DIRECTED BY Ang Lee
STARRING Eric Bana, Jennifer Connelly, Nick Nolte
Opened July 18, Cert 12A, 137 mins
On the face of it, Ang Lee—director of sensitive, tasteful films like Sense And Sensibility and The Ice Storm—isn't the first name that springs to mind when considering who could successfully bring to life Marvel Comics' rampaging, 20-foot-tall green monster. But, surprisingly, Hulk works—just.
After a '60s-set prologue, where we learn the Hulk is the product of genetic experiments conducted by Bruce Banner's deranged scientist father David, Lee jumps forward to the present to find Bruce has followed in his father's footsteps and is now working alongside former beau Betty (Connelly) at a secret research facility. Both have issues with their parents—Bruce holds his long-absent father responsible for his mother's death, while Betty has a dysfunctional relationship with her own dad, General "Thunderbolt" Ross (Sam Elliott), the man who, 30 years back, tried to shut down David Banner's experiments. Bruce is a bundle of barely repressed rage and frustration and, after exposure to gamma radiation, this deep-seated fury finds shape and form as the Hulk.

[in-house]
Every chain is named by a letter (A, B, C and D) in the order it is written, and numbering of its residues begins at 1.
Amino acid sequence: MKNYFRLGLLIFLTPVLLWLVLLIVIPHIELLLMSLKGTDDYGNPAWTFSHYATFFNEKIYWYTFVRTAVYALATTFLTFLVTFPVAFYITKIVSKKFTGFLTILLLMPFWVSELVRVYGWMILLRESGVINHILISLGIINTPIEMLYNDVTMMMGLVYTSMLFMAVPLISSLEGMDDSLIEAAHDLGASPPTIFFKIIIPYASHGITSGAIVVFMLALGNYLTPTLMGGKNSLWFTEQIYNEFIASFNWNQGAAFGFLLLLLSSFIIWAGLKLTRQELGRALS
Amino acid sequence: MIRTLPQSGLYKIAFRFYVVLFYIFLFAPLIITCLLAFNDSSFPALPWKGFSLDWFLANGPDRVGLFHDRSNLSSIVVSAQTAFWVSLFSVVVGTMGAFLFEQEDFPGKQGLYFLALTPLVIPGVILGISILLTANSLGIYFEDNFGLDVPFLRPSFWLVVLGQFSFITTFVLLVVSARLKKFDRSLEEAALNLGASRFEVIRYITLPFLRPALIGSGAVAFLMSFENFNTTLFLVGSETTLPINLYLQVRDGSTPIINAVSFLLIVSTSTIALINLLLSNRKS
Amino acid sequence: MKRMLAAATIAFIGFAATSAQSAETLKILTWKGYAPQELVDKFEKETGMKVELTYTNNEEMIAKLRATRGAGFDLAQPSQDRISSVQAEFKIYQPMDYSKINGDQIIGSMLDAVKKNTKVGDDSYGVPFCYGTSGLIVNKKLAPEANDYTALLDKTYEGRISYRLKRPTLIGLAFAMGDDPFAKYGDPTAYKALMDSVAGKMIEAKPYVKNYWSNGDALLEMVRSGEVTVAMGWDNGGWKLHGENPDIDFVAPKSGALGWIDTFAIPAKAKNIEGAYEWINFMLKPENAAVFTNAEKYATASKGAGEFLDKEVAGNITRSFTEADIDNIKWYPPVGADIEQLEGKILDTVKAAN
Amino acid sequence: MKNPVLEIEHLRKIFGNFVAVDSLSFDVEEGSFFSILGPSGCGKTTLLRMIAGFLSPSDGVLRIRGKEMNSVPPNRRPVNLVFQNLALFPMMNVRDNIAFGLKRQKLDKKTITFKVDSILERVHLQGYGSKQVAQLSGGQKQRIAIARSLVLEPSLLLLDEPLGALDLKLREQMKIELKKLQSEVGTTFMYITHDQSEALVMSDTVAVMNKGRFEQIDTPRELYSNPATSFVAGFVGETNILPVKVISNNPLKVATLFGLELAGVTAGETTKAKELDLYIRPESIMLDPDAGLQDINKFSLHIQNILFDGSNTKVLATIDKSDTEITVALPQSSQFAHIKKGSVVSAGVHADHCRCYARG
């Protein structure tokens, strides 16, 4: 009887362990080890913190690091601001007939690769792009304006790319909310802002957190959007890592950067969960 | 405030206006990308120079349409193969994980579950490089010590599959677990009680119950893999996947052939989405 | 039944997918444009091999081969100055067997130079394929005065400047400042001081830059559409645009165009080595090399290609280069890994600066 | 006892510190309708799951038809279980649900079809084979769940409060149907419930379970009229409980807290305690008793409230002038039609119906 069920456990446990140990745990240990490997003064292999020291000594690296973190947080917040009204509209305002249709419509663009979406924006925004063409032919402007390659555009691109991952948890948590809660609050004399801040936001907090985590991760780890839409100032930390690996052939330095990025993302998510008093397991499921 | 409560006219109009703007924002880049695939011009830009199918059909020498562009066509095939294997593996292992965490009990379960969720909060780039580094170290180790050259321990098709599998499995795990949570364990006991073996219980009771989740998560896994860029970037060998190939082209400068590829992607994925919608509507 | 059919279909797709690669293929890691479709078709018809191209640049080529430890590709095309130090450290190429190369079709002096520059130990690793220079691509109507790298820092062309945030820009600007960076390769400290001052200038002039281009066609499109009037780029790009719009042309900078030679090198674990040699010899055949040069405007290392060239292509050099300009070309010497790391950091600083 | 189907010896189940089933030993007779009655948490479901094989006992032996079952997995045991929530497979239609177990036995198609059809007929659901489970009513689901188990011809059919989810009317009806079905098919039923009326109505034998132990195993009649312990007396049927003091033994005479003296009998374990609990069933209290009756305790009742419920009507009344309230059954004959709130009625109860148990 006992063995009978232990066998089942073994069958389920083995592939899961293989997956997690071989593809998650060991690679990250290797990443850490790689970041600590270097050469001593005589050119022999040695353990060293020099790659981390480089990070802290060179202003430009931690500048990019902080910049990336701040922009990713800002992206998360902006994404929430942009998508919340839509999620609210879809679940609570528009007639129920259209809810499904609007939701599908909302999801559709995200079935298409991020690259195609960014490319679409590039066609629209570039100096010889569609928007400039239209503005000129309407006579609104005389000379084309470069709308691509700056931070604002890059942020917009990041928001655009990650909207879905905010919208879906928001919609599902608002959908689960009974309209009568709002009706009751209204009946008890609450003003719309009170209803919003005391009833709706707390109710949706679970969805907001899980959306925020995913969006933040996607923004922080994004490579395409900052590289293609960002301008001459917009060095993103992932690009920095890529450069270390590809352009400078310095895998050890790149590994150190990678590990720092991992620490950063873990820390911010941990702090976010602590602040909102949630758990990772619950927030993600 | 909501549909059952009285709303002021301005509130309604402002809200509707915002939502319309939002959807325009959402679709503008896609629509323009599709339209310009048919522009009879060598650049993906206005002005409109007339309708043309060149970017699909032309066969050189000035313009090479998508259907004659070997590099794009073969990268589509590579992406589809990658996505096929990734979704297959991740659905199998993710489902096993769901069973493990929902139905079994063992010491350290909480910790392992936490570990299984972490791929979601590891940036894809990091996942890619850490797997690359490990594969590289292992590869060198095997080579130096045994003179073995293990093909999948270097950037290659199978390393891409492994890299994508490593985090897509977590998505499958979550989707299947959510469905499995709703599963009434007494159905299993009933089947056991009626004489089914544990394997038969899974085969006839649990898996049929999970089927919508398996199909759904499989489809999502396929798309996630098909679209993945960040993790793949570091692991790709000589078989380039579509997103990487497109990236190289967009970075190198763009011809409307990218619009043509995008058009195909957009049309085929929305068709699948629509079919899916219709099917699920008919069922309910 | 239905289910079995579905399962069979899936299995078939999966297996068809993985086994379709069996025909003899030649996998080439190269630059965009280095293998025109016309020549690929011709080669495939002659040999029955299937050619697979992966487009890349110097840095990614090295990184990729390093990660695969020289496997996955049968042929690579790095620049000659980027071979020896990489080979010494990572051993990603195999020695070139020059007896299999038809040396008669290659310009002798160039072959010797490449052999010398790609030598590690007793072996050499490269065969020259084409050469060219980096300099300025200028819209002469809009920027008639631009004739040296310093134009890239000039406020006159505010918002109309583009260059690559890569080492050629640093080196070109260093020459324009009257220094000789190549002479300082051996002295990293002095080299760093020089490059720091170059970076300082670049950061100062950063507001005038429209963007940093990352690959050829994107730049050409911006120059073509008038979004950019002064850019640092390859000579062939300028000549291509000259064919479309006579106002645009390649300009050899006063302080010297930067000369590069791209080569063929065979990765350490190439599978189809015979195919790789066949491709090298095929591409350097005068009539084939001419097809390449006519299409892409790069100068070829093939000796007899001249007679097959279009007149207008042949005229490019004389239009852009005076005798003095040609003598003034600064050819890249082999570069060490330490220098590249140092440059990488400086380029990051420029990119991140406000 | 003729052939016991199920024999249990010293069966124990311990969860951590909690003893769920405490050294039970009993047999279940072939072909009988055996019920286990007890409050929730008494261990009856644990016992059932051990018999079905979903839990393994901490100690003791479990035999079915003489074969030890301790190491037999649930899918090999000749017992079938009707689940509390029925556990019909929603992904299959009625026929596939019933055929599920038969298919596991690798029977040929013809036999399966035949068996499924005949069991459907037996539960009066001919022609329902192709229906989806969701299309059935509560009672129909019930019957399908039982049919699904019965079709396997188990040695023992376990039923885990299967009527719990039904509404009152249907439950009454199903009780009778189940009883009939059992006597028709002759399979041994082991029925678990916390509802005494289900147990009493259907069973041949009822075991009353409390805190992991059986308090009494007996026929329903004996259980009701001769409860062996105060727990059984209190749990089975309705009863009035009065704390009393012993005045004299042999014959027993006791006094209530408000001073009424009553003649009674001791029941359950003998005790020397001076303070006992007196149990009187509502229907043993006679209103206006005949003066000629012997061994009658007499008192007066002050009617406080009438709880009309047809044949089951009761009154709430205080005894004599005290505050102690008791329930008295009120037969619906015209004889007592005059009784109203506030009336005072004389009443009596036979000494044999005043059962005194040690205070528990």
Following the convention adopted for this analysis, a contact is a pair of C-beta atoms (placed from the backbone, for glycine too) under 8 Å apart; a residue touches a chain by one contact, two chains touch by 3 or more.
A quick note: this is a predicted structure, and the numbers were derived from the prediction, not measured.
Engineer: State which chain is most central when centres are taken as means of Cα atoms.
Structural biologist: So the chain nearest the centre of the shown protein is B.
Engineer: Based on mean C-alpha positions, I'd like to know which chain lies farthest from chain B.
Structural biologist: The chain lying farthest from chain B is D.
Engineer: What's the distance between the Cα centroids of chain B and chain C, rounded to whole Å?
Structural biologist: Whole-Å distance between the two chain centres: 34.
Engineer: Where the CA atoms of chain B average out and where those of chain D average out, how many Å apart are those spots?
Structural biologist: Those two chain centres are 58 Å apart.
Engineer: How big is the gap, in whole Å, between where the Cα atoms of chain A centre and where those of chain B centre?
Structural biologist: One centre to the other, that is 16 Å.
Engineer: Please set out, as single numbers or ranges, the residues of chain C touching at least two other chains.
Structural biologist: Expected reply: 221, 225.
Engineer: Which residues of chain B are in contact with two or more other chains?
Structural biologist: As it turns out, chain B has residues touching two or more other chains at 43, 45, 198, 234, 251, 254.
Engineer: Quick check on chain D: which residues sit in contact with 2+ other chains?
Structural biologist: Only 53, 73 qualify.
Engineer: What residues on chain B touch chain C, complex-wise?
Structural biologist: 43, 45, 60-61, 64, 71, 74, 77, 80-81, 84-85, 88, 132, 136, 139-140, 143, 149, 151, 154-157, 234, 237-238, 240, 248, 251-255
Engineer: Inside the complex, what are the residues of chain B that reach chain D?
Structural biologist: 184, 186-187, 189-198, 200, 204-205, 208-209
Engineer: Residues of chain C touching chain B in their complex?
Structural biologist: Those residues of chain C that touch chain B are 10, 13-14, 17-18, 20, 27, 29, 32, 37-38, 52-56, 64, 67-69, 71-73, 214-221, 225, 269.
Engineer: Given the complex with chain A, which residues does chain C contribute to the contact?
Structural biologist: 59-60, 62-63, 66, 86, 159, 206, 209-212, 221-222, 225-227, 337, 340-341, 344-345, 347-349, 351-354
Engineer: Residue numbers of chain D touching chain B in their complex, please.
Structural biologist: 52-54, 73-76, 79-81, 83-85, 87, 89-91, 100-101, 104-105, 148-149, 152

Bana, who impressed as the cheery psychopath in Chopper, pinpoints Banner's sense of simmering anger and emotional confusion. But Banner isn't quite as interesting as his alter ego. Nor is he quite as entertaining as Nolte, playing David Banner, who returns to check in with his son, eager to see the experiments he began 30 years previously through to their sinister conclusion. Nolte hams it up as Banner Snr, a ragged loon raging away like a cross between King Lear and Baron Frankenstein.
The Hulk itself doesn't appear until nearly an hour into the movie, and it's only in the final showdown against the might of the US military when the creature's full powers get unleashed. The CGI is impressive—watching the Hulk trash a squadron of helicopters is a real delight. But the build-up is slow, as Lee attempts to inject psychological gravitas to the story before bowing to the inevitable multiplex spectacle. Lee's Hulk movie tries too hard to bring highbrow ideals to a comic-book movie.
Rating: 3 / 10